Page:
Australia’s youth preparing to fight global hunger
With less than one month to go before the 40 Hour Famine, more than 300,000 young people around the country are planning fundraising activities to fight world hunger and poverty.
Over the weekend of 19 - 21 August, young people are giving up something important to them for 40 hours such as food, technology, and transport, to get a taste of what life is like for children who have to go without.
“The face of hunger and famine is on our televisions and in our newspapers once again as a result of the devastating drought in East Africa,” says World Vision CEO Tim Costello.
“The desperate need of more than 13 million people in East Africa is a reminder that there are millions of children and families around the world who struggle to find enough food to eat.
“While the images and need can seem overwhelming, each of us can make a difference, for example $40 can feed a family of five for one month.”
Nationally more than 5,000 schools, churches and community groups are taking part in the 40 Hour Famine in addition to upwards of 20,000 individuals.
“While giving up food is one way to fundraise, it’s not the only thing people are giving up for 40 hours,” says National Youth Coordinator Daryl Brown.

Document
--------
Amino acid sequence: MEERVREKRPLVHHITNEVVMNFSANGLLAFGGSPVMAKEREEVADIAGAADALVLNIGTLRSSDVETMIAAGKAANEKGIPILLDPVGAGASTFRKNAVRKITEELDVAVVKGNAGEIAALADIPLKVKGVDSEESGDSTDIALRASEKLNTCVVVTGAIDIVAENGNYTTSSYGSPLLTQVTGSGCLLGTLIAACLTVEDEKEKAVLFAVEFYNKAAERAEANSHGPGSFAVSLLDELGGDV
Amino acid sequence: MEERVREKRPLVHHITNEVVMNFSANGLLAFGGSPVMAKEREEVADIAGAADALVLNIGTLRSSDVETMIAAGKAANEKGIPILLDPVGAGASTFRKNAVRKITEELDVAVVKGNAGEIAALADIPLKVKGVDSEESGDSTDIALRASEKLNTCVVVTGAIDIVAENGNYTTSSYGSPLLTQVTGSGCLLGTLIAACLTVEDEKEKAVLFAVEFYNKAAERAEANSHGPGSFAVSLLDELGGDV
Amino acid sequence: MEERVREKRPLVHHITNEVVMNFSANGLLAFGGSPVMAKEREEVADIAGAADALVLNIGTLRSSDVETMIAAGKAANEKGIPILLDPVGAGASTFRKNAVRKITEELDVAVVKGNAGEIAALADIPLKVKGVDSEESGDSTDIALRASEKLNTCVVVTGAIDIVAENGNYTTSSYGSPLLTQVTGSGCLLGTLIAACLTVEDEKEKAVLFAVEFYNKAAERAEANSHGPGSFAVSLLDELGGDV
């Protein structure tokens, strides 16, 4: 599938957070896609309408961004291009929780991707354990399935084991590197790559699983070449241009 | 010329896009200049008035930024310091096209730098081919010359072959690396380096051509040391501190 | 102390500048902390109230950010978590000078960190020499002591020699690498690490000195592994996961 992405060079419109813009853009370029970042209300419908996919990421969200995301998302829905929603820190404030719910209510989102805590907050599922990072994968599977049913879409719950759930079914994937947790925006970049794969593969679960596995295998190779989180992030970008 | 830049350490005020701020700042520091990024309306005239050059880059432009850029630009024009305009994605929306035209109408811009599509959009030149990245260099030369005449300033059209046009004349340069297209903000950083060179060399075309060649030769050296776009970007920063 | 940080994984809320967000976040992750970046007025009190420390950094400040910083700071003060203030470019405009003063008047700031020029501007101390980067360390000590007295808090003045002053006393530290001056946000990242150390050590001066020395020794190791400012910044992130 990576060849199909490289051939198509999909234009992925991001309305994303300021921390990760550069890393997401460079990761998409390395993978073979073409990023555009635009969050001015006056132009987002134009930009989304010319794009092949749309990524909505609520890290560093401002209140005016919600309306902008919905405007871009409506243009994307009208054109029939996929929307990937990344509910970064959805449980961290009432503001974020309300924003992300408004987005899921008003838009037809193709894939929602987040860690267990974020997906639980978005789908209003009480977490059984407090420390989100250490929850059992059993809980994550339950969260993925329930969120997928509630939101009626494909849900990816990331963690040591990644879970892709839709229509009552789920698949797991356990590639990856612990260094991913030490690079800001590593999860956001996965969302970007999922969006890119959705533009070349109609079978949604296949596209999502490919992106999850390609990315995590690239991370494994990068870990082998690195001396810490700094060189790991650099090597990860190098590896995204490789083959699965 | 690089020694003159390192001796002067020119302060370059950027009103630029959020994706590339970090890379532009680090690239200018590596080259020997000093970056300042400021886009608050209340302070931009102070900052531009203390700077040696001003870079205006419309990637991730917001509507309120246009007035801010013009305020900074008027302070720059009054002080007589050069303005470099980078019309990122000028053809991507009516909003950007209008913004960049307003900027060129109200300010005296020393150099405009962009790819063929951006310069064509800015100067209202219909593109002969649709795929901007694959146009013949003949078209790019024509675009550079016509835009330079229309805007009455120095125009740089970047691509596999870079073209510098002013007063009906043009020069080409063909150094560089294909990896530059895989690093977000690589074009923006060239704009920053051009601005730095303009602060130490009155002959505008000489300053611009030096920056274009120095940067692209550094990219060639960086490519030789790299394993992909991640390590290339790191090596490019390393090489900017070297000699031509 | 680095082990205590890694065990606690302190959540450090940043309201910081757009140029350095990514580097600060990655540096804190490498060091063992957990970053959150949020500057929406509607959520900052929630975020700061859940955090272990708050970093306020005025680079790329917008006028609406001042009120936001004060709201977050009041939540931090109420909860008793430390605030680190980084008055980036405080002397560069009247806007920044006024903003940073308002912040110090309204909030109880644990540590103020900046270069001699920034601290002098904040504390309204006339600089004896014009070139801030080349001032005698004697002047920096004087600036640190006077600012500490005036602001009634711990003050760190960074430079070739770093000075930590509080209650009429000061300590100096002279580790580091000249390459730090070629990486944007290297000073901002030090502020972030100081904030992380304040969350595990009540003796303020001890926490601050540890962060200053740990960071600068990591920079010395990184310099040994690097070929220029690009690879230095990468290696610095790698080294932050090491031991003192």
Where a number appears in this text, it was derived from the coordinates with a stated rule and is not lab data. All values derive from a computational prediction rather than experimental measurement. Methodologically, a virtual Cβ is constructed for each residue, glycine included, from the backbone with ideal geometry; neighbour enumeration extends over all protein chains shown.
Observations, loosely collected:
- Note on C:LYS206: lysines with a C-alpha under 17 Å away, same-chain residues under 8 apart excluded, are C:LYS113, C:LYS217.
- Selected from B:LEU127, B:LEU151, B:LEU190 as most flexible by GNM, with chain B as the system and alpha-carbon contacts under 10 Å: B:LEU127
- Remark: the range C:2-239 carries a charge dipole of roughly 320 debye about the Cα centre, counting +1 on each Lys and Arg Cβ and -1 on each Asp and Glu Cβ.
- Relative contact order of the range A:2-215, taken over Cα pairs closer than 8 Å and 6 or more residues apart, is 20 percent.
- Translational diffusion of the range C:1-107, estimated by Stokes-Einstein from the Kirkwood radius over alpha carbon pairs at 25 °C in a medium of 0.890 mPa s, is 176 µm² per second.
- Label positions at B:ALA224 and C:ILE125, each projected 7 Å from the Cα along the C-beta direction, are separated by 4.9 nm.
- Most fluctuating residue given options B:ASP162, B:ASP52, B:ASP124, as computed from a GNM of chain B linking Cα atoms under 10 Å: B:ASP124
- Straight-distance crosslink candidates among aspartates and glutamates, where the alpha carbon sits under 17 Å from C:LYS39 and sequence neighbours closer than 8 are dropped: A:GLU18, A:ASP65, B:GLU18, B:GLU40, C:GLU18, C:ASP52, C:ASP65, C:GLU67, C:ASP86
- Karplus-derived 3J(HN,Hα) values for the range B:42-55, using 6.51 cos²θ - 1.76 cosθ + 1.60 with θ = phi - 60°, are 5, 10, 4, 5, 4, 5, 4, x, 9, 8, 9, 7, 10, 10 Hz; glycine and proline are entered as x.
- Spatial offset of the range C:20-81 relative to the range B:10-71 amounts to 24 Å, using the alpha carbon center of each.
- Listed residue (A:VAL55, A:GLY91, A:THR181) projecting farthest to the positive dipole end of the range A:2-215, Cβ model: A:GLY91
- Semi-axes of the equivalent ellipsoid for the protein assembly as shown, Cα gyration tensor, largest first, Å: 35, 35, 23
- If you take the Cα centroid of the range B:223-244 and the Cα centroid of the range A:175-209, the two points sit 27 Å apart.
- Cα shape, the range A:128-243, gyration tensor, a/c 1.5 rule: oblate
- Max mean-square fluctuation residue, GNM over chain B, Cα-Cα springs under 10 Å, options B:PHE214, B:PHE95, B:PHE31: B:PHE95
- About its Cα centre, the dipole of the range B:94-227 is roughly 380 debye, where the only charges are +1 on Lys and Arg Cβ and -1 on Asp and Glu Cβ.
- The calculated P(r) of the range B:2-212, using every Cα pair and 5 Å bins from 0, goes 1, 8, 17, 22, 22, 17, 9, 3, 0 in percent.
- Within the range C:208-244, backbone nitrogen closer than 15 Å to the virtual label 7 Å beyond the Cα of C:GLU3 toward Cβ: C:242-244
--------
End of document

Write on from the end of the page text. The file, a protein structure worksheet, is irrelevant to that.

“Each year young people are coming up with new and different ways to imagine what it feels like to live without essentials items and modern conveniences.
“Some individuals are giving up TV, mobile phones, the internet, computers, furniture, talking, and hearing, or a combination of things.
“School groups have come up with many creative ideas to fundraise including sleepovers, concerts, barbeques, movie sessions, out of uniform days, guest speakers and there’s even a drama teacher dressing up as Darth Vader.
“This year many young people are creating a personal profile on the 40 Hour Famine website and blogging about their plans and experiences. The online community gives people fundraising ideas and connects them with other participants who are equally passionate about making a difference.”
The funds raised by the 40 Hour Famine will support World Vision’s work in East Timor, Nepal, Cambodia, Laos, Tanzania, Kenya, and help World Vision respond to emergencies around the world. These projects are working to increase reliable access to food and clean water, and develop livelihoods through education, micro-finance, and investment in agriculture.
World Vision is urging young Australians to register at www.40hourfamine.com to help millions in need.
Media contact: Janet Craven, World Vision Media Officer, 03 9287 2560 / 0407819347; email: email@example.com
Note to Editors: There are World Vision Youth Ambassadors available for interview in each state and we will endeavour to put you in touch with local schools in your state or area.
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